We’ve all heard the saying “You have to let them go” in relation to losing a loved one, right? Funny thing is, I never had to think about it much until tragedy touched our lives. When I do pause to think about it, I struggle to wrap my head around what it is, how to do it, or even whether it’s a good idea in the first place. Nevertheless, I know that my “letting go” started well before the mournful day of March 14, 2016.
Letting Go – Take One: Late November. We’re sitting across from her surgeon and getting the results of her most recent biopsy. He’s telling us how sorry he is, how we threw every single thing in the toolkit at the cancer, how the cancer just took it in stride. Not even removing her entire tongue and half of her jaw would save her, probably only make what time she has left all the worse. As we drive home, she asks to go to the movies, so we do, hands held tightly. Finally, later that night, she corners me in the bathroom and asks, “Am I going to die?” We collapse into each other’s arms and weep uncontrollably, the unspoken truth strangling any answer I can muster.
Take Two: Middle of December. Now we’re driving all day and into the night to get to the Mayo Clinic in Arizona. She’s delirious in the back seat from the pain and fatigue. At the appointment, they tell us nothing we don’t already know – no clinical trials, only a push for the very surgery she’s already courageously once denied. We run out of pain meds with one day left before our return to Idaho. It’s decided, she’s flying back with her aunt accompanying her. I’m going to drive like mad to Idaho, pick up the meds at the hospital, and meet her at the airport. As I leave her in the care of her Aunt Donna the next morning, she embraces me long and sweetly, whispering the most profound “thank you” into my ear. I can’t leave her, oh God I can’t leave her, I just can’t let go.
Take Three: Late December. We’re two weeks into a second-line chemo now, mainly just to control the symptoms. Just a week earlier, she was in such a deep sleep that it took me five minutes to wake her. I rush her to the hospital – she’s okay, just really low oxygen. She tells me later, “Josh, it’s okay, I haven’t rested in so long. It was kind of nice, sleeping with no pain for once. Please just let me sleep next time, try not to worry.” So I do, only one week later on January 2nd. She’s sleeping all day. I do her tube feeding, she doesn’t wake. I administer her meds, she doesn’t wake. It isn’t until eight o’clock when I try to wake her that I realize this is different. She’s limp, her breathing is so shallow, her eyes are open but not seeing, limbs are cold. She’s dying Josh. I call the paramedics. At the ER, the gentle young doctor pulls me to the side, light reflecting in his blonde stubble. Out of earshot of the boys, he asks me what I want to do. Stick a rigid tube down her trachea, go aggressive? No, she’s endured unimaginable pain in that very spot, I’ll not subject her to one more minute of unnecessary agony. Comfort measures only please. He advises me in so many words of how bleak the situation is – best to prepare myself and my boys. So we do. We do our letting go right there amid the din of monitors and the nurses’ bustle, my boys bravely and haltingly trying to choke something out to their vulnerable mom that they’ve never imagined having to say.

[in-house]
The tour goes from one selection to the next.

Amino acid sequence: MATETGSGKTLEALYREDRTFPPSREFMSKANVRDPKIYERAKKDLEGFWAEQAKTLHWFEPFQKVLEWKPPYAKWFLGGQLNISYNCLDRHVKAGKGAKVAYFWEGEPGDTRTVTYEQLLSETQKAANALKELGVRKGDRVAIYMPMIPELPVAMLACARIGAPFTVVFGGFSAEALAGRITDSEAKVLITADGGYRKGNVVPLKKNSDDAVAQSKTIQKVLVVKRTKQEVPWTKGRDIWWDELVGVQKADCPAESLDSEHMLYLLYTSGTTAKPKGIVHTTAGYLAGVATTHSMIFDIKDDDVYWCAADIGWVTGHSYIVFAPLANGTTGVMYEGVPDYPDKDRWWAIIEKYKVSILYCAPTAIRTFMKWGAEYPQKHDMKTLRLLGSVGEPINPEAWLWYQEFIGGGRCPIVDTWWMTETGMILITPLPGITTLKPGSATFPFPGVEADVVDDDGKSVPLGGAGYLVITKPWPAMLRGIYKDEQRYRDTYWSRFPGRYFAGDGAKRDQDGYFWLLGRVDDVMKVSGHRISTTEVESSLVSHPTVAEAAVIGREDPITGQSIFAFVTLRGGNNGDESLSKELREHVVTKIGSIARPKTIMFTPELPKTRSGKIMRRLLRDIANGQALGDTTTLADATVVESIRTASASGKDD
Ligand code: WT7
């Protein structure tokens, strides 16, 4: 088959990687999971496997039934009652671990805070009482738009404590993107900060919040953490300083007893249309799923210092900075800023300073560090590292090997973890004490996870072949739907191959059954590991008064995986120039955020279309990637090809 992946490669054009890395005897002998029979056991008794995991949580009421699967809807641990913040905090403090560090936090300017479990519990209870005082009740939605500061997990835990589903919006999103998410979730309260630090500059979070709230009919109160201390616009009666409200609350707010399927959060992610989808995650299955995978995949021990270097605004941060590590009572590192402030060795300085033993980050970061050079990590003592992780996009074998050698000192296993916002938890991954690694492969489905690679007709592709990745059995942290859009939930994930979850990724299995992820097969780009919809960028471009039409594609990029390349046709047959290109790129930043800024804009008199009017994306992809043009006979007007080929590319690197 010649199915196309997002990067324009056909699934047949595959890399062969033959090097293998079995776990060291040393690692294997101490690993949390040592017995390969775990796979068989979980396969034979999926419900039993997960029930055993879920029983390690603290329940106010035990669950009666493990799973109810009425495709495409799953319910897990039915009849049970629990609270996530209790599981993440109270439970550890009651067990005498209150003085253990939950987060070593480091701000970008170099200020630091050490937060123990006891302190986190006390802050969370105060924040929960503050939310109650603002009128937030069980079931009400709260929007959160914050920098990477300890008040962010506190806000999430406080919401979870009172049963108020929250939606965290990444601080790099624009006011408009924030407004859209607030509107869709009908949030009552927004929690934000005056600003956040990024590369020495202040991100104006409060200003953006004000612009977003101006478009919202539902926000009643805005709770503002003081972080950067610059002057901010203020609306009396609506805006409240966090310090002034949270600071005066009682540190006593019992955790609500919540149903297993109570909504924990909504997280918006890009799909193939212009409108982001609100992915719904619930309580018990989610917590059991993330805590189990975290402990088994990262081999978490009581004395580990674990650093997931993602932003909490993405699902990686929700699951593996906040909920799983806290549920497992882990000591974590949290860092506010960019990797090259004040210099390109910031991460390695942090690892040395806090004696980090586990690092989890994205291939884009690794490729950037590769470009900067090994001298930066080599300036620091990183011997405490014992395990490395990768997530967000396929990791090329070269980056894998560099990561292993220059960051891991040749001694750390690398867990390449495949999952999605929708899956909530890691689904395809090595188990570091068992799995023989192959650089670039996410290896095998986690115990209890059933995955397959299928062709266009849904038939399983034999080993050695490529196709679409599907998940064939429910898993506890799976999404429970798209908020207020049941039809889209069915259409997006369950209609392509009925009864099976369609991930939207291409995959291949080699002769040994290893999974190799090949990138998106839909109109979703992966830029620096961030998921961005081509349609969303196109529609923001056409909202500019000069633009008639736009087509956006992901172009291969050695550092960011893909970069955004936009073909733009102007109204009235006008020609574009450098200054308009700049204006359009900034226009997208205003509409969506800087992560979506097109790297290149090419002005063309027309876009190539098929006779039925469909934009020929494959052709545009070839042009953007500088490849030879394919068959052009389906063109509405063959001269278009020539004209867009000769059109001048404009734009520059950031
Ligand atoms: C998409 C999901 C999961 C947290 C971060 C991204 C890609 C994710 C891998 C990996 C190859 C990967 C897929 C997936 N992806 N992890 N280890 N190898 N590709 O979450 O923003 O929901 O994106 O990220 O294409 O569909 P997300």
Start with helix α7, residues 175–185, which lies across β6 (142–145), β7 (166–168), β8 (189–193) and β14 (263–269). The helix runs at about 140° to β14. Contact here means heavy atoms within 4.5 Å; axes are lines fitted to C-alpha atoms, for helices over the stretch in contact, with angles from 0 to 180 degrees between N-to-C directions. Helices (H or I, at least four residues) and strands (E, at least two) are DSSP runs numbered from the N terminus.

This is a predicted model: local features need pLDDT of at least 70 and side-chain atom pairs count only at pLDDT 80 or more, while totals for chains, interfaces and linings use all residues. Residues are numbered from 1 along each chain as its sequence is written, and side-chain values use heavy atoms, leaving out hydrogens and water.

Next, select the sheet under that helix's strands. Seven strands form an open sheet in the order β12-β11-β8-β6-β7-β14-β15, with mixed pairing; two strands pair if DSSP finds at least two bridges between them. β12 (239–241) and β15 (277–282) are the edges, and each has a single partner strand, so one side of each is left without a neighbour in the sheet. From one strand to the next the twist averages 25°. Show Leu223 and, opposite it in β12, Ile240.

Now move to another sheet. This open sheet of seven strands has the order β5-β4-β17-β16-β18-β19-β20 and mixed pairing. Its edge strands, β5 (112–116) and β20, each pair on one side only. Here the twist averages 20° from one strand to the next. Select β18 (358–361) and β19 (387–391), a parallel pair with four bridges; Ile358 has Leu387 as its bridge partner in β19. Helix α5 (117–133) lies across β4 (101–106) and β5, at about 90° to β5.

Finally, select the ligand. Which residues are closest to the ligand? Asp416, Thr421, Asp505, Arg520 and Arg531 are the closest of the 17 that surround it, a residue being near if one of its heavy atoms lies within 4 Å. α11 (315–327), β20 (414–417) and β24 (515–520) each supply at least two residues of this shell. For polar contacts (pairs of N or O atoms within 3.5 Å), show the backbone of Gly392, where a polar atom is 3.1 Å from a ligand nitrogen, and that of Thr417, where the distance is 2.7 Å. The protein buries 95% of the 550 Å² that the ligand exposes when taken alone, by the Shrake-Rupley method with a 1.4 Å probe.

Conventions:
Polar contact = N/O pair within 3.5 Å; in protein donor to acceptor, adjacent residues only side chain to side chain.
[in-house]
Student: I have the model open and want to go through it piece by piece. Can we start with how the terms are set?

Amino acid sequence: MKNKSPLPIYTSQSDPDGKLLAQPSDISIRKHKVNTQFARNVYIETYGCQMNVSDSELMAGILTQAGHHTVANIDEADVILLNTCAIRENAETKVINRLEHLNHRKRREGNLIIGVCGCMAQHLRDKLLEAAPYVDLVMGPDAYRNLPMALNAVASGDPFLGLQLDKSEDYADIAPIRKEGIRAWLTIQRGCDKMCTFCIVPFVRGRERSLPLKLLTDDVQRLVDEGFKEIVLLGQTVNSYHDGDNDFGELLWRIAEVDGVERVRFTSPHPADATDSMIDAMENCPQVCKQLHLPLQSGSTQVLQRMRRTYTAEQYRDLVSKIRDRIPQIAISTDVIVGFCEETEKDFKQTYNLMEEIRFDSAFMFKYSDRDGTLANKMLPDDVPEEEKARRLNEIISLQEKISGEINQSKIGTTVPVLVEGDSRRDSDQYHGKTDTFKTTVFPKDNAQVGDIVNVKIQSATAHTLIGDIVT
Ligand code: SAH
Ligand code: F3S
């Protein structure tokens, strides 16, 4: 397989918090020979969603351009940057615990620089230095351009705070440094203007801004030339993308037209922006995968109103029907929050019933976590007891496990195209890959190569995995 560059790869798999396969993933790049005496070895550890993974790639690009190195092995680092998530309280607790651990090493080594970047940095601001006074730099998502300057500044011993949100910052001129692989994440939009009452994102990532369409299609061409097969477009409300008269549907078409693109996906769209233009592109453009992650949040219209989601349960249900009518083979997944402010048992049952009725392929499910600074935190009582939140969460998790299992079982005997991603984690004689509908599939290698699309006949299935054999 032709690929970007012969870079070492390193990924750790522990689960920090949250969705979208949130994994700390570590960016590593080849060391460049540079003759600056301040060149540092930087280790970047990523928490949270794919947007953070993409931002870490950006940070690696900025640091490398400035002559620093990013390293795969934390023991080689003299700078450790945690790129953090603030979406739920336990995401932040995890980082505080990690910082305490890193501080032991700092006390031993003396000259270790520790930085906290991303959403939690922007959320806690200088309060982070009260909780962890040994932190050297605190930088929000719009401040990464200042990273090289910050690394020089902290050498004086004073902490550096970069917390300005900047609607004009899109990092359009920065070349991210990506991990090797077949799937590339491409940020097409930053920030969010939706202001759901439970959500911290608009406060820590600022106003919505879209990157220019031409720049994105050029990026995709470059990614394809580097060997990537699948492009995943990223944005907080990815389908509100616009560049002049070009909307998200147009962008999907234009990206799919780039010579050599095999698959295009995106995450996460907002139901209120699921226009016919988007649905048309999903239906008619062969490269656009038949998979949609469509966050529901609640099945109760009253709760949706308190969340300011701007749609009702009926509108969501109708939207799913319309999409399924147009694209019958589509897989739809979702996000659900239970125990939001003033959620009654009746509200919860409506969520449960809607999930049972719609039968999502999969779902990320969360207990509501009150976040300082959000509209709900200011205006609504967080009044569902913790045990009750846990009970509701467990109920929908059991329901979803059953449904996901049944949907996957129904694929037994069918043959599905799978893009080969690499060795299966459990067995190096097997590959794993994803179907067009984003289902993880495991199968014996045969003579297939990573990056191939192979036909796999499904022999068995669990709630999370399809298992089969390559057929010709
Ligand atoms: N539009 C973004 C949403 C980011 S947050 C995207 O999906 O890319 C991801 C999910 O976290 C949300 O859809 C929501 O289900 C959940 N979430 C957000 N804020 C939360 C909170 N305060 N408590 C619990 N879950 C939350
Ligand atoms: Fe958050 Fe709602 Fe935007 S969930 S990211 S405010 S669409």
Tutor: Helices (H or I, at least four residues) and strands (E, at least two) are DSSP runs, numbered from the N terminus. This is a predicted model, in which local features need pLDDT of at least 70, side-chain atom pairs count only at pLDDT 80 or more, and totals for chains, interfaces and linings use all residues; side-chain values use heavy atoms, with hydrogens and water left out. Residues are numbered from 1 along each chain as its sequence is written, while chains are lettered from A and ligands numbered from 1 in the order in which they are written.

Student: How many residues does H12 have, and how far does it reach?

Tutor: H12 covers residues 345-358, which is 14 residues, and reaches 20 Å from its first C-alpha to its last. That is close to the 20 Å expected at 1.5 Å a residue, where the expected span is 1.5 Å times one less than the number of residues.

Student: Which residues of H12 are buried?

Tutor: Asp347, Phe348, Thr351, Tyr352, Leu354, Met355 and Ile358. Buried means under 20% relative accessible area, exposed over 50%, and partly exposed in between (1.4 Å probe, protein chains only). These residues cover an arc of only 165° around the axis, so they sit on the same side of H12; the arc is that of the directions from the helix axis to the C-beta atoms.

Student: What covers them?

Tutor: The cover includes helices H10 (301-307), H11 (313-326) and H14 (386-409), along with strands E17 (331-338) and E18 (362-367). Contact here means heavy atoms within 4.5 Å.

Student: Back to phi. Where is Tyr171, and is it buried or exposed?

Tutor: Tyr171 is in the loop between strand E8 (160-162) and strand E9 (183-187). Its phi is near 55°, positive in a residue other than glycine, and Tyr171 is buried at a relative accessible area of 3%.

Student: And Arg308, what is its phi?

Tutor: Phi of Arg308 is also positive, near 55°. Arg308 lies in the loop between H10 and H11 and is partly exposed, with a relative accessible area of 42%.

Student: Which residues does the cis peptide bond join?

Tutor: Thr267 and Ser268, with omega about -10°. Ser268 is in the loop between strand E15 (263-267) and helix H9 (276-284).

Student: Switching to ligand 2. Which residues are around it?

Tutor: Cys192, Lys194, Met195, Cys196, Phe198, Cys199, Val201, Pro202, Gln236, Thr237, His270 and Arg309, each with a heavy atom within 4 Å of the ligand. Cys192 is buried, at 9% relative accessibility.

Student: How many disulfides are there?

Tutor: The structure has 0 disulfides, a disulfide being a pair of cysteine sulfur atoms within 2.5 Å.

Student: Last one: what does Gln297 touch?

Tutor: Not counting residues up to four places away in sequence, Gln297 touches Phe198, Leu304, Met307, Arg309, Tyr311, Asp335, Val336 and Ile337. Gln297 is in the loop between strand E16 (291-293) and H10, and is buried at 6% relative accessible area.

Final Take: She survives, she rallies, damn she’s strong. We commence hospice. I know it’s not a question of if, but when. So much letting go I can’t see straight. Nine weeks she fights for life, never really letting go herself. No moments of “I’m ready to go now.” She becomes delirious again. I’m draped over her and weeping a few days before she passes. She wakes, and with clarity pushes me up so she can look me in the eye and asks childlike, “Why are you crying?” Me: “I just love you so much honey.” Inside, I know it’s because her time is near. I’m having to square yet again with the “noble” art of letting go. But I can’t tell her that now, it would be too cruel in her state of mind. She replies, but the clarity of her speech has slipped again, I can’t make it out. I can tell from the cadence, the intonation, that it’s lovely and encouraging. She ends it by saying, “It’s true.” I nod my head in agreement. I don’t need to know the details to feel the veracity of her final words to me.
Alicia slipped into unconsciousness shortly thereafter. She never fully woke again. Yes, I did have to let go when she passed, when I helped the kind man that came to take her body away, when my boys and I made the trek to safely carry her ashes home, and every day since. Really, I think “letting go” is a misnomer. I think so much of it is just grieving, feeling the oppressive weight of reality sprawl over you and squeeze the air out of your lungs till you’re gasping and crying, “Uncle! Fucking uncle already you bitch!”
Letting go of dreams we dreamt together, yes, that I can vouch for. I’ve been forced to let go of the notion of a life spent together with her. No seeing our boys grow up, fall in love, and marveling together at the men they’ve become. No grandchildren army crawling up to her and biting on her toes the way she used to let Ben do. All of that, sadly – yes. As for the rest of it, I’m not letting go of anything. Not my memories, nor her strength, nor her legacy to me and our boys, nor her treasures, not even her locket of hair, nothing. That tub-o-lard I call reality can go fuck himself. I’m letting go of letting go.